Product Flavors

Gradle also offers the ability to include product flavors which allow a single app to have multiple variants with slight source code changes. Each product flavor will have its own dedicated source directory where flavor specific code is housed. This is a common tactic that is used by apps that have a free version with ads and a paid ad free version.

// app/build.gradle   productFlavors { free { packageName "com.originate.project.free" } paid { packageName "com.originate.project.paid" } }

Dependencies

Application dependencies are outlined outside of the Android plugin inside a separate dependencies {...} element. Gradle supports the resolution of remote dependencies via jCenter or Maven repositories. These remote dependencies are declared in the form of group:name:version where version follows semantic versioning. Semantic versions are written in the format of MAJOR.MINOR.PATCH and support the + wildcard which automatically resolves to the latest version.

compile "com.google.code.gson:gson:2.2.1" compile "com.jakewharton:butterknife:7.+"

Dependencies not housed in a remote repository can be included by storing the corresponding jar into your libs folder and adding the following to your gradle file.

compile fileTree(dir: 'libs', include: ['*.jar'])   compile name: "logentries-android-2.1.4" // where logentries is replaced by whatever your jar is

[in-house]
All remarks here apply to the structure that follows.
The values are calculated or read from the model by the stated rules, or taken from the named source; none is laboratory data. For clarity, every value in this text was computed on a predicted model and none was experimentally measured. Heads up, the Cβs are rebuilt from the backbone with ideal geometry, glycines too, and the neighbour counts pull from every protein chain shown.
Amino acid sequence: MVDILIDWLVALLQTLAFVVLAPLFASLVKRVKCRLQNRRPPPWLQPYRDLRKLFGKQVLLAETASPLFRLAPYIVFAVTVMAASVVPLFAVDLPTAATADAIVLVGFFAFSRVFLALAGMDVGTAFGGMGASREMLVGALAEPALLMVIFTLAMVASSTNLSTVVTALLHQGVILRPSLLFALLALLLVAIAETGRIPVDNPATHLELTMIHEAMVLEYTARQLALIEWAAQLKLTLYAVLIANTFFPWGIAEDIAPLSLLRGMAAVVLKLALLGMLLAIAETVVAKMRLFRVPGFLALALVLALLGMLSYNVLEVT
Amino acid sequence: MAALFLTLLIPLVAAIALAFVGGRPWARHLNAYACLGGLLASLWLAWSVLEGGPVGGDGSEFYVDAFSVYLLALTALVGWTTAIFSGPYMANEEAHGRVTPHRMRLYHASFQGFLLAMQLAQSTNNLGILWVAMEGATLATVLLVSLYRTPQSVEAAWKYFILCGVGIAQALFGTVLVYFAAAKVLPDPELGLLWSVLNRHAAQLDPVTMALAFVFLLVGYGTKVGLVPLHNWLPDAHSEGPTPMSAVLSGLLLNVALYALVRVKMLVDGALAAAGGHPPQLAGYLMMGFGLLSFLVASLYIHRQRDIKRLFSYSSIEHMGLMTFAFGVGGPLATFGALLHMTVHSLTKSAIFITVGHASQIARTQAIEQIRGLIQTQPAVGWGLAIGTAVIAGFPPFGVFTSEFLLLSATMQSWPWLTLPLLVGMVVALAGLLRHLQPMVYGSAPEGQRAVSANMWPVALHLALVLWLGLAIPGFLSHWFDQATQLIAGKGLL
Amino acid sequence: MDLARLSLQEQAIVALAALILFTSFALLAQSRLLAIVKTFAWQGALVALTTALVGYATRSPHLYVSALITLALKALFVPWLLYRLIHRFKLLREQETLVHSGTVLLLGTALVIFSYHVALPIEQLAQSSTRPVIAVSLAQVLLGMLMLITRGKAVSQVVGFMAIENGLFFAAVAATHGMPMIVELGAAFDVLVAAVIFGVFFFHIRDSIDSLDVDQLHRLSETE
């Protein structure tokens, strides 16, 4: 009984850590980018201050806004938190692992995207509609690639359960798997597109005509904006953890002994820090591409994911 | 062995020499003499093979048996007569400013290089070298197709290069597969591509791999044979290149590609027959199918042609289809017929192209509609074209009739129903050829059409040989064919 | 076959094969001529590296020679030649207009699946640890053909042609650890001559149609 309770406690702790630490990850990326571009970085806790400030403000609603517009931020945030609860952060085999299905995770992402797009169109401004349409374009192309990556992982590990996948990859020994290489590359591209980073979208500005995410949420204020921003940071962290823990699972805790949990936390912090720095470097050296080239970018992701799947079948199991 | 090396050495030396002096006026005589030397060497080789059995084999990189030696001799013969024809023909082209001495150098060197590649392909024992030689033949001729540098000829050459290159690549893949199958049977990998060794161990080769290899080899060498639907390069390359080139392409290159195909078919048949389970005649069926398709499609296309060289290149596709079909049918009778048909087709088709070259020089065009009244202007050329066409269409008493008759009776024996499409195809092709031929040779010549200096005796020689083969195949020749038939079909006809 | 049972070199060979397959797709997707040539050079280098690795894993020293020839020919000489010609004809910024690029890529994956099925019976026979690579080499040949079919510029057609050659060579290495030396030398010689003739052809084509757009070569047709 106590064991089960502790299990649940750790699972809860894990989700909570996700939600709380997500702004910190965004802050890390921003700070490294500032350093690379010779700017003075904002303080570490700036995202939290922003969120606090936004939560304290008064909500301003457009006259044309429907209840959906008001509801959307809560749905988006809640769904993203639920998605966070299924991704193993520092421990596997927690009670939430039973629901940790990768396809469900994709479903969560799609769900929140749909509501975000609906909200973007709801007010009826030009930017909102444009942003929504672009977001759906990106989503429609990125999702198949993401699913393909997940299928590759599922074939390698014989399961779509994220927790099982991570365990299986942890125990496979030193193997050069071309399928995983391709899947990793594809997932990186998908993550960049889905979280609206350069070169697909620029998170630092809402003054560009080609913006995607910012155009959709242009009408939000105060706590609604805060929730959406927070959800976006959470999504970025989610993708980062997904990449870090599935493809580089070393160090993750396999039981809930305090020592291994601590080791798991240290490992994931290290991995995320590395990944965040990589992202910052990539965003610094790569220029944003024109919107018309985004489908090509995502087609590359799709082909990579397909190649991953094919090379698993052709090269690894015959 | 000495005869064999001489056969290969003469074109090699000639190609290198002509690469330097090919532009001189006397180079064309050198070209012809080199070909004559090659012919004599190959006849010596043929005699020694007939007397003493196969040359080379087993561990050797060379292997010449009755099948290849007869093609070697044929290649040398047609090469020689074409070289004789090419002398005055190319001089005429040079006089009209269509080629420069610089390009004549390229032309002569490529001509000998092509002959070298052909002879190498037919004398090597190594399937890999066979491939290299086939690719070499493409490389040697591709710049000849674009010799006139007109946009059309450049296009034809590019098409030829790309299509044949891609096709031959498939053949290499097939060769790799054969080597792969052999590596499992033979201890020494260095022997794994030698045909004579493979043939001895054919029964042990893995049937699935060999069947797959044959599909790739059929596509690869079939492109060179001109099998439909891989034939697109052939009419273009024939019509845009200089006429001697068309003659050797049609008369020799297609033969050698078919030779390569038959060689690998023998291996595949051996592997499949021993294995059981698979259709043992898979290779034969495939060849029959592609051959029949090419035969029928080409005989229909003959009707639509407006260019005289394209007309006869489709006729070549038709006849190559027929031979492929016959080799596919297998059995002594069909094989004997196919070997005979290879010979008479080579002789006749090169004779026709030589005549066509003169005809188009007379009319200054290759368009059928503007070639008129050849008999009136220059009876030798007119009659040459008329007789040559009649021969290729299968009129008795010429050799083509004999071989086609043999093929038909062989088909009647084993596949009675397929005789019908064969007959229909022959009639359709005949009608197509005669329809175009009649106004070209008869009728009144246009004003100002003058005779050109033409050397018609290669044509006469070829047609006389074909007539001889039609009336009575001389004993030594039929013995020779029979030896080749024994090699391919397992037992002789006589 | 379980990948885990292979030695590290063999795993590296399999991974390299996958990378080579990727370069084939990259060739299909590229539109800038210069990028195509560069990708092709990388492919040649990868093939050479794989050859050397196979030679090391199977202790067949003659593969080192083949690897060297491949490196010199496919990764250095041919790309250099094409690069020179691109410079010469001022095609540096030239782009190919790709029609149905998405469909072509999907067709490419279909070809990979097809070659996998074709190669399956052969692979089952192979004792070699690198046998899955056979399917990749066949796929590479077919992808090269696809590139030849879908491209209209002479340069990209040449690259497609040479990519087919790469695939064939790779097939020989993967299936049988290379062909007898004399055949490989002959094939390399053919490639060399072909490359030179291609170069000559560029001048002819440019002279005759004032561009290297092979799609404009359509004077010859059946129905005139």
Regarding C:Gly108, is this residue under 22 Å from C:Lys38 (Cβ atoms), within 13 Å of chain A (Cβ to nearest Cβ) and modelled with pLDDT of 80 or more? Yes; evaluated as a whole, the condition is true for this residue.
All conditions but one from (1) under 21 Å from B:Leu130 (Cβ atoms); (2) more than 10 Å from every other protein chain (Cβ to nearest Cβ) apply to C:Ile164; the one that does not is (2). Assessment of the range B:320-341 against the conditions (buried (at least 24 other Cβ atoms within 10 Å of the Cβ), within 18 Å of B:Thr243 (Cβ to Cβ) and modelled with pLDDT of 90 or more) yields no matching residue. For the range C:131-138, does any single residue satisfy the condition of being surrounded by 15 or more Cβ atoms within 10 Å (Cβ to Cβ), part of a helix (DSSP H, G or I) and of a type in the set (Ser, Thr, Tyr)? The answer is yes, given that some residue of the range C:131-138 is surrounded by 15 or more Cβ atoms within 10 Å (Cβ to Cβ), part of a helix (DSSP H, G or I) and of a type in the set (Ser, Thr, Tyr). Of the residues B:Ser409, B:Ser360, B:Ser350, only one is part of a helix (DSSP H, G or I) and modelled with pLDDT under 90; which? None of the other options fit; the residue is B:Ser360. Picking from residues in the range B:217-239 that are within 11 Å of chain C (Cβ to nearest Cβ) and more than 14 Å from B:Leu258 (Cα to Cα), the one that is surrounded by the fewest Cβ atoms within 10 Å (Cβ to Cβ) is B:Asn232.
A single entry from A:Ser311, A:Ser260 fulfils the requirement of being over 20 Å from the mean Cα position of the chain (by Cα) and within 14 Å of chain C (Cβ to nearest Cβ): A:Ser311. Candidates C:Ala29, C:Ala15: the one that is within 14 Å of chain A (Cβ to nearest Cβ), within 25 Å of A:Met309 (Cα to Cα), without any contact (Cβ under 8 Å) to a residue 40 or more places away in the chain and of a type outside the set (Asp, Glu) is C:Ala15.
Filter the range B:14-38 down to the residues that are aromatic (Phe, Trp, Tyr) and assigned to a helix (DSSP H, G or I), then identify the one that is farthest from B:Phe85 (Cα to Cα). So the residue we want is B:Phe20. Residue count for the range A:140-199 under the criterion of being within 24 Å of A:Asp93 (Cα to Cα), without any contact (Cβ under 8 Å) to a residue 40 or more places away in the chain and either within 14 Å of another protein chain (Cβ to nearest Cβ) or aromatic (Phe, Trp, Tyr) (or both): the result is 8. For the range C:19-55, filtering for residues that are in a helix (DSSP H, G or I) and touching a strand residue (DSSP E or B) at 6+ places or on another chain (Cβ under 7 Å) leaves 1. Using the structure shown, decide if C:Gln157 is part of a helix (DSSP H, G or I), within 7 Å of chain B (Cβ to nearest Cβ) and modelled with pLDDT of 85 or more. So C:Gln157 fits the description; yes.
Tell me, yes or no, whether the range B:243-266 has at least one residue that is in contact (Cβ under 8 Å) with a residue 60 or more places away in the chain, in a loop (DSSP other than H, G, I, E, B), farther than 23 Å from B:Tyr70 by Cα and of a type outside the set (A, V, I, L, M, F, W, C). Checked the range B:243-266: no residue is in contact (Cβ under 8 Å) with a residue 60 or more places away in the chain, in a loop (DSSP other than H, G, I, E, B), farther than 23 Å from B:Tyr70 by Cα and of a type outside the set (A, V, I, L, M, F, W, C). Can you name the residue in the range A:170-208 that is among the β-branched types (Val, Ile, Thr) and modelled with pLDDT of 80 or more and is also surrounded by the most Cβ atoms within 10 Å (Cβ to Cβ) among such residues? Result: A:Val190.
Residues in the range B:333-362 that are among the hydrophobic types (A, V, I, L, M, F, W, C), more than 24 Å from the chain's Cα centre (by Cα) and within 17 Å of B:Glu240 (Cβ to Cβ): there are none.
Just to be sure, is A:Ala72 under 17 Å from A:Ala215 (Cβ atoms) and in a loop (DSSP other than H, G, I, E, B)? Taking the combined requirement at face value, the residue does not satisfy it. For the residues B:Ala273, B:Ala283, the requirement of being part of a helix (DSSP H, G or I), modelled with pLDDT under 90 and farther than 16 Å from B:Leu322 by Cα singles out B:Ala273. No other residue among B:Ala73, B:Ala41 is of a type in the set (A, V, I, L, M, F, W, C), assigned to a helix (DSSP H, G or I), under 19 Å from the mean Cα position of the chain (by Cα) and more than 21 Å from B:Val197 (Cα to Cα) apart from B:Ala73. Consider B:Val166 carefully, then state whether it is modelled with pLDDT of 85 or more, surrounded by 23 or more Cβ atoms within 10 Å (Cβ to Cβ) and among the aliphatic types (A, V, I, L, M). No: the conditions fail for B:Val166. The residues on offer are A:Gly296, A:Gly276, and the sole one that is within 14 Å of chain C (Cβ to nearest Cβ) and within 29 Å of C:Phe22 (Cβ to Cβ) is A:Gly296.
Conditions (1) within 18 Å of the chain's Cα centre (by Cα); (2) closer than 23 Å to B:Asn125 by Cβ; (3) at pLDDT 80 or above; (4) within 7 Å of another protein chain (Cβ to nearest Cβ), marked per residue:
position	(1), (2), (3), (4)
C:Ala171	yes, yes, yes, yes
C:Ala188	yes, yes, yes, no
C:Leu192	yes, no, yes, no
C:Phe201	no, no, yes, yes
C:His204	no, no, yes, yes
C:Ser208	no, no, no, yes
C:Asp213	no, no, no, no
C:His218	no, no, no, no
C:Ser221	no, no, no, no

Additionally, dependencies can be declared for use in only specific product flavors. This is a commonly used tactic for testing frameworks.

testCompile "org.mockito:mockito-core:1.9.5"

Running Project

Physical Device

In order to use you Android phone or tablet for development and testing, you’ll need to enable developer options and usb debugging in your settings. Developer options can be found on devices running Android 3.2 or older under Settings > Applications > Development and under Settings > Developer options on Android 4.0 and newer. On Android 4.2 and newer, Developer options are hidden by default and Build number under Settings > About phone needs to be tapped seven times to enable them. More information on setting your device up for testing and debugging can be found on the official Android guide.

Emulatio

Android Virtual Device (AVD)

An Android Virtual Device (AVD) is the emulator configuration for Android’s built-in Android Emulator. The easiest way to create and manage Android emulators is through the graphical AVD Manager that can be accessed from within Android Studio. AVD offers both ARM and Intel x86 based emulators. The system images for the various emulator versions can be downloaded via Android Studio’s SDK Manager. If your computer supports it, it’s recommended that you use x86 based emulators and select Use Host GPU so that you can take advantage of Intel’s hardware acceleration. If you need access to Google Maps or other Google services, be sure to use a Google APIs system image.

Genymotion

Even with hardware acceleration, Android emulators are notoriously slow. Luckily a better and faster Android emulator exists in the form of Genymotion. Genymotion emulators do not come with Google Play Services out of the box, however it is possible to install it manually.

Additional Resources